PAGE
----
Stretching seems like a standard thing to do before any form of exercise, especially hardcore athletic events like those in the Winter Olympics.
On Tuesday, American luger Kate Hansen was criticised by NBC commentator Duncan Kennedy for her unusual warmup routine of dancing to Beyoncé.
“I would like to see something a little more sport-specific from her,” Kennedy said. “What you see out of the top runners, the real heavy-hitters, is they’re working the start muscles. They’re working the low back. They’re working the arms and shoulders, and getting the power out of them because the start has to be a powerful, explosive movement.”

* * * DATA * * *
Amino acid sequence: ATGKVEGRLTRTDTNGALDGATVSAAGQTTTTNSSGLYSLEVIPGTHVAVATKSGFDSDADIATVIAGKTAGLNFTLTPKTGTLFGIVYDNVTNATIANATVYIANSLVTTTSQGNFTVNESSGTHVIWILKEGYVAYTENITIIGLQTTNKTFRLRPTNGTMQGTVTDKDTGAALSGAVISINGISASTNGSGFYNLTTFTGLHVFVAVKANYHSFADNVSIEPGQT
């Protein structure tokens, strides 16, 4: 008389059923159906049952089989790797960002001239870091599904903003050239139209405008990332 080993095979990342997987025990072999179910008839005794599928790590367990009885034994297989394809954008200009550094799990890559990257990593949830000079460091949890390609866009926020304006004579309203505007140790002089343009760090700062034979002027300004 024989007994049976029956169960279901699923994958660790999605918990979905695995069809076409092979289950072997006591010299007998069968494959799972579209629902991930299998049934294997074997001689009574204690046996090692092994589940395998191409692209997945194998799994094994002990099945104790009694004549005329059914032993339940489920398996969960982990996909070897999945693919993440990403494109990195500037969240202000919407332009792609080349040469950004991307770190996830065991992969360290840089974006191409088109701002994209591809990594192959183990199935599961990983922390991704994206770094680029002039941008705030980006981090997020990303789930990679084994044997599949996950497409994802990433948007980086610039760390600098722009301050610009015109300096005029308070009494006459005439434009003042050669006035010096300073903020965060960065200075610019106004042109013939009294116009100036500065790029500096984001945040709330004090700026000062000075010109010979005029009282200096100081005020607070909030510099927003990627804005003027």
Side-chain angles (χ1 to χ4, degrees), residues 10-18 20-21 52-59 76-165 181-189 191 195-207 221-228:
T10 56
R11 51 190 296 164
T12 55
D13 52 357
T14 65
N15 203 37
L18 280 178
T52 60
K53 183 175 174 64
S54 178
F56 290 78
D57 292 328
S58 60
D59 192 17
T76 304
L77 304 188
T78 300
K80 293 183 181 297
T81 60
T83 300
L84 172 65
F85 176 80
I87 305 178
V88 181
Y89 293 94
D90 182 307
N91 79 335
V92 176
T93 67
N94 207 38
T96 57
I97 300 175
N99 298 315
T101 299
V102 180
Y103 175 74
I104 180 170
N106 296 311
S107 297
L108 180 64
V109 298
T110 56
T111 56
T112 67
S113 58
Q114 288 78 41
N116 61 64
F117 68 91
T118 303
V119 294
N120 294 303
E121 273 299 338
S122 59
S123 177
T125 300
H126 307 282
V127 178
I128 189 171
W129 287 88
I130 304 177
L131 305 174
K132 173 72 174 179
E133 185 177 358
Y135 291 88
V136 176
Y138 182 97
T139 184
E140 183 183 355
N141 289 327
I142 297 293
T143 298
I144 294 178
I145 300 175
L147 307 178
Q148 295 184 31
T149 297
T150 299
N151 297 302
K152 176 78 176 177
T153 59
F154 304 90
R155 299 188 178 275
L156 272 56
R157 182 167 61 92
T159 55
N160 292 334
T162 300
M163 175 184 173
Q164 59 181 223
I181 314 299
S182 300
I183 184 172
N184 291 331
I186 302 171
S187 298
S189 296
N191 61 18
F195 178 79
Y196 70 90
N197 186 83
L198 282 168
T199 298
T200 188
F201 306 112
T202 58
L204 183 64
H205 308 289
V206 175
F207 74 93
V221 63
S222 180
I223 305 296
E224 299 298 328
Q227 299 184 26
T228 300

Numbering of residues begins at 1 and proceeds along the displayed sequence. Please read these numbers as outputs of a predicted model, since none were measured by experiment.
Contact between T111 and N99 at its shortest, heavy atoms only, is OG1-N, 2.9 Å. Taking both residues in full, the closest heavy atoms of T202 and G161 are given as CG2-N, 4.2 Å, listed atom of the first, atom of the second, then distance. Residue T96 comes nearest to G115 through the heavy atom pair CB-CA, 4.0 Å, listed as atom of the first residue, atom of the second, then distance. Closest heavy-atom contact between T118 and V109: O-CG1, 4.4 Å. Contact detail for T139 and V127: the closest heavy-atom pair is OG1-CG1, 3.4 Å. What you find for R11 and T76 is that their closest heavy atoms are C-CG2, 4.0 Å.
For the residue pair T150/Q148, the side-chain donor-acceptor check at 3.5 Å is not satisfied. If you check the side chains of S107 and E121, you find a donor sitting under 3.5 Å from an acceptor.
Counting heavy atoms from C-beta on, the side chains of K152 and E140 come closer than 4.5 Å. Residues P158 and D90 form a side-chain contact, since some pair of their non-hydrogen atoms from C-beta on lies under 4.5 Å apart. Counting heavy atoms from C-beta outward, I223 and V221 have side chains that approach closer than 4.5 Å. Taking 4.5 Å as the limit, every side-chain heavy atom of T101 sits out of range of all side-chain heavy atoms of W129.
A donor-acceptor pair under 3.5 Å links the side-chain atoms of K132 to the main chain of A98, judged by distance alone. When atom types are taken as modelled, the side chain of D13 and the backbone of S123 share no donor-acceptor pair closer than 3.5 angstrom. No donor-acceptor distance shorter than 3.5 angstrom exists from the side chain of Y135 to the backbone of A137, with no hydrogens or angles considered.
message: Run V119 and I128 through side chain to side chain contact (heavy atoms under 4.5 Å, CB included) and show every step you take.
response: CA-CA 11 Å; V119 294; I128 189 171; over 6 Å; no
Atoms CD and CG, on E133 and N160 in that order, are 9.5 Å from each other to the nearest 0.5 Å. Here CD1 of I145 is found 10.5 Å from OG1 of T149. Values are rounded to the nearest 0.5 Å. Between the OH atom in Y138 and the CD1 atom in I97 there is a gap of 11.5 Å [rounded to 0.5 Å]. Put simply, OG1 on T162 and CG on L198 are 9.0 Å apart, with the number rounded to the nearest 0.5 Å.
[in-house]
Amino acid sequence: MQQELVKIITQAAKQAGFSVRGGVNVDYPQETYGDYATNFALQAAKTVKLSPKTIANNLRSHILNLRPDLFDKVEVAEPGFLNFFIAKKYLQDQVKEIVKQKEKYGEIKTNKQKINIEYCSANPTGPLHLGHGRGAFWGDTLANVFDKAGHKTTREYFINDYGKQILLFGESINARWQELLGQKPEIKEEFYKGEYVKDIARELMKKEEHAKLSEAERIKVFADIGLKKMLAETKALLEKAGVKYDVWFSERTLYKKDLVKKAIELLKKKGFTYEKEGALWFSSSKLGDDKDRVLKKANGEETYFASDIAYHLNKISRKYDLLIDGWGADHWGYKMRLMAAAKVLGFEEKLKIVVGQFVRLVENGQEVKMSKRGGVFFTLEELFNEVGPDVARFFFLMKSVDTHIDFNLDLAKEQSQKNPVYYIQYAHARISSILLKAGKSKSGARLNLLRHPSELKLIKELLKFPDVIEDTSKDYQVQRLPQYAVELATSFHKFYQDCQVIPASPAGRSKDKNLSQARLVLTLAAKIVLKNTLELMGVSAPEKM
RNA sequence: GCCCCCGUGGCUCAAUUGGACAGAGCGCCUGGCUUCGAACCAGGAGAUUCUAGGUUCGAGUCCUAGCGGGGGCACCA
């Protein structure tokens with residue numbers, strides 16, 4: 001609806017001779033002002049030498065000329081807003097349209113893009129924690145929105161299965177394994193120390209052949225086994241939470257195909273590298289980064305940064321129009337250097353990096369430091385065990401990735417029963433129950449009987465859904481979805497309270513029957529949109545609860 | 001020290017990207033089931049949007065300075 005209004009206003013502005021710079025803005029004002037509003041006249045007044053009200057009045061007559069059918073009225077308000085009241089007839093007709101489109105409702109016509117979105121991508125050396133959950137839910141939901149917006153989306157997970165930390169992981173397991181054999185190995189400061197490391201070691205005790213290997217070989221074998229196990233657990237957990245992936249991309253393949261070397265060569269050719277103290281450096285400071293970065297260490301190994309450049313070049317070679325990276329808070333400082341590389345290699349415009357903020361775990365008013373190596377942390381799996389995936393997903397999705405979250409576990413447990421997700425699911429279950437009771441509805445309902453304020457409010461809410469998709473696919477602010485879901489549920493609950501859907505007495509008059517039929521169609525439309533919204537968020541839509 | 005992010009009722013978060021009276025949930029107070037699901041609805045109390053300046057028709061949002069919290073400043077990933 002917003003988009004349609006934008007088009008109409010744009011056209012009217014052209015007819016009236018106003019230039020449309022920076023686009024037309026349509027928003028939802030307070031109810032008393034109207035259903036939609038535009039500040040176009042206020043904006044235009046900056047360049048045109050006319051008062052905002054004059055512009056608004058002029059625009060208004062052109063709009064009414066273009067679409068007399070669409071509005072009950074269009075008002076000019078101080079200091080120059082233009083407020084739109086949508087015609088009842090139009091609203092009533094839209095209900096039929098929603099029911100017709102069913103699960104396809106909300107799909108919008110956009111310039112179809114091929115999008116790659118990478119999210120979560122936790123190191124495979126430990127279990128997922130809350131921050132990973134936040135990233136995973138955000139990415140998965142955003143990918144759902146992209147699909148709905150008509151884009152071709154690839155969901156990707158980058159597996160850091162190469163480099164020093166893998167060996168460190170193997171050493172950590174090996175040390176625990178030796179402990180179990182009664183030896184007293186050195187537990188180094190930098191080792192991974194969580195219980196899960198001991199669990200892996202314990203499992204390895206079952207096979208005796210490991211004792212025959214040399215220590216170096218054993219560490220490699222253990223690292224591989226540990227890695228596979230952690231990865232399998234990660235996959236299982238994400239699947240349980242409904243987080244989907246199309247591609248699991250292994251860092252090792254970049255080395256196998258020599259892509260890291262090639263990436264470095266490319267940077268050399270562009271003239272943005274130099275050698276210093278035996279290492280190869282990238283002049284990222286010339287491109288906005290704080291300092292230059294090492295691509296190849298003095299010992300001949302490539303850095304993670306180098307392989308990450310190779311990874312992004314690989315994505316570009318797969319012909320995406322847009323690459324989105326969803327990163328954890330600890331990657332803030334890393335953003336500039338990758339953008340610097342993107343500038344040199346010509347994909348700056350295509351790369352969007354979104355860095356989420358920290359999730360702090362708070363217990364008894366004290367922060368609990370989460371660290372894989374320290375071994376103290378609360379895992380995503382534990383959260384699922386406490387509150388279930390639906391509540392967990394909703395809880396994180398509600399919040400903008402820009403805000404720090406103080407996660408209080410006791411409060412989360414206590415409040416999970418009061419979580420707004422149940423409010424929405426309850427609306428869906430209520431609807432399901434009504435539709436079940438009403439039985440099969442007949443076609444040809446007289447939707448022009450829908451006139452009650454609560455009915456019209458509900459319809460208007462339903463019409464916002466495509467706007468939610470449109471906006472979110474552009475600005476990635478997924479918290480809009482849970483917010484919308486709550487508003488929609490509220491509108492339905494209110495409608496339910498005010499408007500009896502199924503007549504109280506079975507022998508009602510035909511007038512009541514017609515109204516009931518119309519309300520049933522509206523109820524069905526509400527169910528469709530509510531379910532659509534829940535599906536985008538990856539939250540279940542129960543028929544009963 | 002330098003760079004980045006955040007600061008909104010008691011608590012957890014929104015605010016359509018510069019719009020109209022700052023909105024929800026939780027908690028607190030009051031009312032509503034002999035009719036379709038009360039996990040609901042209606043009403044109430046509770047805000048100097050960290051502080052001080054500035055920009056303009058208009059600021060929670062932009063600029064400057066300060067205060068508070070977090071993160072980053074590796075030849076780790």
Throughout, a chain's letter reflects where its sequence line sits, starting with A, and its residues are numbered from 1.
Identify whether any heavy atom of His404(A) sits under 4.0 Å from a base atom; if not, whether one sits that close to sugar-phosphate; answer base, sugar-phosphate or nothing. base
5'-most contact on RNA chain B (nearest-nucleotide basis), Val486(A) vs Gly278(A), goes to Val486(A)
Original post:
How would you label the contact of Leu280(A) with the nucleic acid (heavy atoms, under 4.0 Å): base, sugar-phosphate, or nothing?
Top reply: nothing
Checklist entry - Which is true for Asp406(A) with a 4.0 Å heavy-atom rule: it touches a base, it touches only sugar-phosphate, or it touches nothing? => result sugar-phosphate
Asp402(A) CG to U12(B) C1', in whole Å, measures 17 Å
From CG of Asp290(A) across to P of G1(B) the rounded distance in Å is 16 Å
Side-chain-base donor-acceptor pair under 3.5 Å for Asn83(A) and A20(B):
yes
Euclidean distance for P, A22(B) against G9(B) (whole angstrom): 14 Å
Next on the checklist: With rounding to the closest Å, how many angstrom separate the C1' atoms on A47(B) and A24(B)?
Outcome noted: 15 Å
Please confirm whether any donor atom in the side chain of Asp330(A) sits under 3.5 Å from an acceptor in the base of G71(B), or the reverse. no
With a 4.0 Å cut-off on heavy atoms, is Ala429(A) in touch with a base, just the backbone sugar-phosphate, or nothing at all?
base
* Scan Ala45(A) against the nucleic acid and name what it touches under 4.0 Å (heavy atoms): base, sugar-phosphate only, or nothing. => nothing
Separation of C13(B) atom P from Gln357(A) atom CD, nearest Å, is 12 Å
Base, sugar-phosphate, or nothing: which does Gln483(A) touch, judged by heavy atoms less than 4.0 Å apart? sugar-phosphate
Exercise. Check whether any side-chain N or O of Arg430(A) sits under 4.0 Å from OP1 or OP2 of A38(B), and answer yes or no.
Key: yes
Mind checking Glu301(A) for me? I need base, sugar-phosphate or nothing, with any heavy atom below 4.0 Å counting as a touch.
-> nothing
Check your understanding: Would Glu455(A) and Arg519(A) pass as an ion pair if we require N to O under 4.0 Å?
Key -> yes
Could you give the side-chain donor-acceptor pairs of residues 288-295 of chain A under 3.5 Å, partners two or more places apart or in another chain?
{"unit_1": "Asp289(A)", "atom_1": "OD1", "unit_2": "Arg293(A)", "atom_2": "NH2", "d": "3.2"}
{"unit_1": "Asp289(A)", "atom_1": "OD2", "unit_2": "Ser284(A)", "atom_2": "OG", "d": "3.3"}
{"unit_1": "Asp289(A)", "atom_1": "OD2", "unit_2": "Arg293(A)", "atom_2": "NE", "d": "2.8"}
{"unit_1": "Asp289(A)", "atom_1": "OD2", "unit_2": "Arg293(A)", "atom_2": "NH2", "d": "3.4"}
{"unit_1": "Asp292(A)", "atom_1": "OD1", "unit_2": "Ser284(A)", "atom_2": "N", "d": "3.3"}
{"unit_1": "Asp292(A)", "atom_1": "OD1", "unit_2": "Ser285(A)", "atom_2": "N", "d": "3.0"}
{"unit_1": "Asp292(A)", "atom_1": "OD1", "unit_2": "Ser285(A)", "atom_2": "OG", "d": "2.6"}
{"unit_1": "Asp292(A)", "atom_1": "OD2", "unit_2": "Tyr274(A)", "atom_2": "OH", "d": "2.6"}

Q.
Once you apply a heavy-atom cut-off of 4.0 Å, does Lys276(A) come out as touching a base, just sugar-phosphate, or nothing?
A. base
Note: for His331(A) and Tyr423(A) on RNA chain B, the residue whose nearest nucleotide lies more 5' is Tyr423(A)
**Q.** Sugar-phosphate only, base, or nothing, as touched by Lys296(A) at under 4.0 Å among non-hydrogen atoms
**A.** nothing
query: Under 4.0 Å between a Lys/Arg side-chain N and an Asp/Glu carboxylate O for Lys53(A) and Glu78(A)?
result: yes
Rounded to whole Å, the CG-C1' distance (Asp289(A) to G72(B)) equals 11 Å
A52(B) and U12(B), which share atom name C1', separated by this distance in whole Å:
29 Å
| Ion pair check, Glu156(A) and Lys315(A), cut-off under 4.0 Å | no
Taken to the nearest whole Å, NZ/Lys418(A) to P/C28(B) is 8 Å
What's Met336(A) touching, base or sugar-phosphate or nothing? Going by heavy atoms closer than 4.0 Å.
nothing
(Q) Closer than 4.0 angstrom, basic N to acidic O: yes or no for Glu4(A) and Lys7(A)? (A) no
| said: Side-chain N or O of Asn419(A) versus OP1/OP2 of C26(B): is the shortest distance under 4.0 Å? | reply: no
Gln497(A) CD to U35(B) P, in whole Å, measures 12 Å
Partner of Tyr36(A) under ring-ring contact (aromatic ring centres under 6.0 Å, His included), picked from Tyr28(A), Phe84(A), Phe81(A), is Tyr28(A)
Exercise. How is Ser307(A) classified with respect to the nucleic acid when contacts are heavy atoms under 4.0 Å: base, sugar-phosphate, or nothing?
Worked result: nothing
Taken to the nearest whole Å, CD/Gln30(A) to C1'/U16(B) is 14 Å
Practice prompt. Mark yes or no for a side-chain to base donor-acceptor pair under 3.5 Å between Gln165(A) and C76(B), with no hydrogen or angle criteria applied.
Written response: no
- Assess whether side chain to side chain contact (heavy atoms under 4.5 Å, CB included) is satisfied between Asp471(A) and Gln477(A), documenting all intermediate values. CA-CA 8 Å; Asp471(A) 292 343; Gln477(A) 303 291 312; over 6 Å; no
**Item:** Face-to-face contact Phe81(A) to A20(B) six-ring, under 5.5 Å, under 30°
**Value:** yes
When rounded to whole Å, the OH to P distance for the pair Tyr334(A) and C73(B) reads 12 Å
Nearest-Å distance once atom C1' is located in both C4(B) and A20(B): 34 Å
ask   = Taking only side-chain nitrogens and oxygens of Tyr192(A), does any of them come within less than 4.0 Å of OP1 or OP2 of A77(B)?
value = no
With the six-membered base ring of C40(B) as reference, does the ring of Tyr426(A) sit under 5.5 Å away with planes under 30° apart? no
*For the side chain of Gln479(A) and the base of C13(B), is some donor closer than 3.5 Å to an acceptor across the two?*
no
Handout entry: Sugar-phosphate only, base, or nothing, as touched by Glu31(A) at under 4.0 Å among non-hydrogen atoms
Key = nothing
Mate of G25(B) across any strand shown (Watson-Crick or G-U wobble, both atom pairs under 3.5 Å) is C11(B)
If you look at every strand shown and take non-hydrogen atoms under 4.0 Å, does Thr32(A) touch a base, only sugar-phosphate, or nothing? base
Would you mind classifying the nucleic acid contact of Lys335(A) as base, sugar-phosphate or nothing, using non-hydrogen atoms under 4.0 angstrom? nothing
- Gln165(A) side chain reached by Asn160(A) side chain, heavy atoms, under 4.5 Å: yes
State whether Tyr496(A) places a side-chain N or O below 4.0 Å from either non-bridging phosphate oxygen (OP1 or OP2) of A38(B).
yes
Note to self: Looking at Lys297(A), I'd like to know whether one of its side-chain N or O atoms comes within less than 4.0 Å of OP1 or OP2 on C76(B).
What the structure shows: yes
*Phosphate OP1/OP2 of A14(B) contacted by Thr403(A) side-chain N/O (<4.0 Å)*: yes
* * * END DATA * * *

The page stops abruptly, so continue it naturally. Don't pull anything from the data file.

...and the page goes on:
Stretching works by raising the temperature of your body before more rigorous exercise. Warm muscles are more stretchy. The widely-held belief is that stretching increases flexibility, gives you more strength and power during the activity, and reduces muscle soreness afterward.
But, according to a video released by AsapScience, the benefits of stretching may depend on the activity. Stretching too much can be a bad thing for power sports like speedskating and bobsledding because it may “cause a temporary decrease in muscle strength,” the video says. “The overstretched muscle becomes less responsive and can stay weakened for up to 30 minutes.”
In other words, overstretched muscles are actually less flexible and won’t pack the same amount of power. This is obviously a bigger concern for competitive athletes. In general, warming up your muscles before a workout is a good way to get the blood flowing.
For more on the science of stretching, check out the video below:
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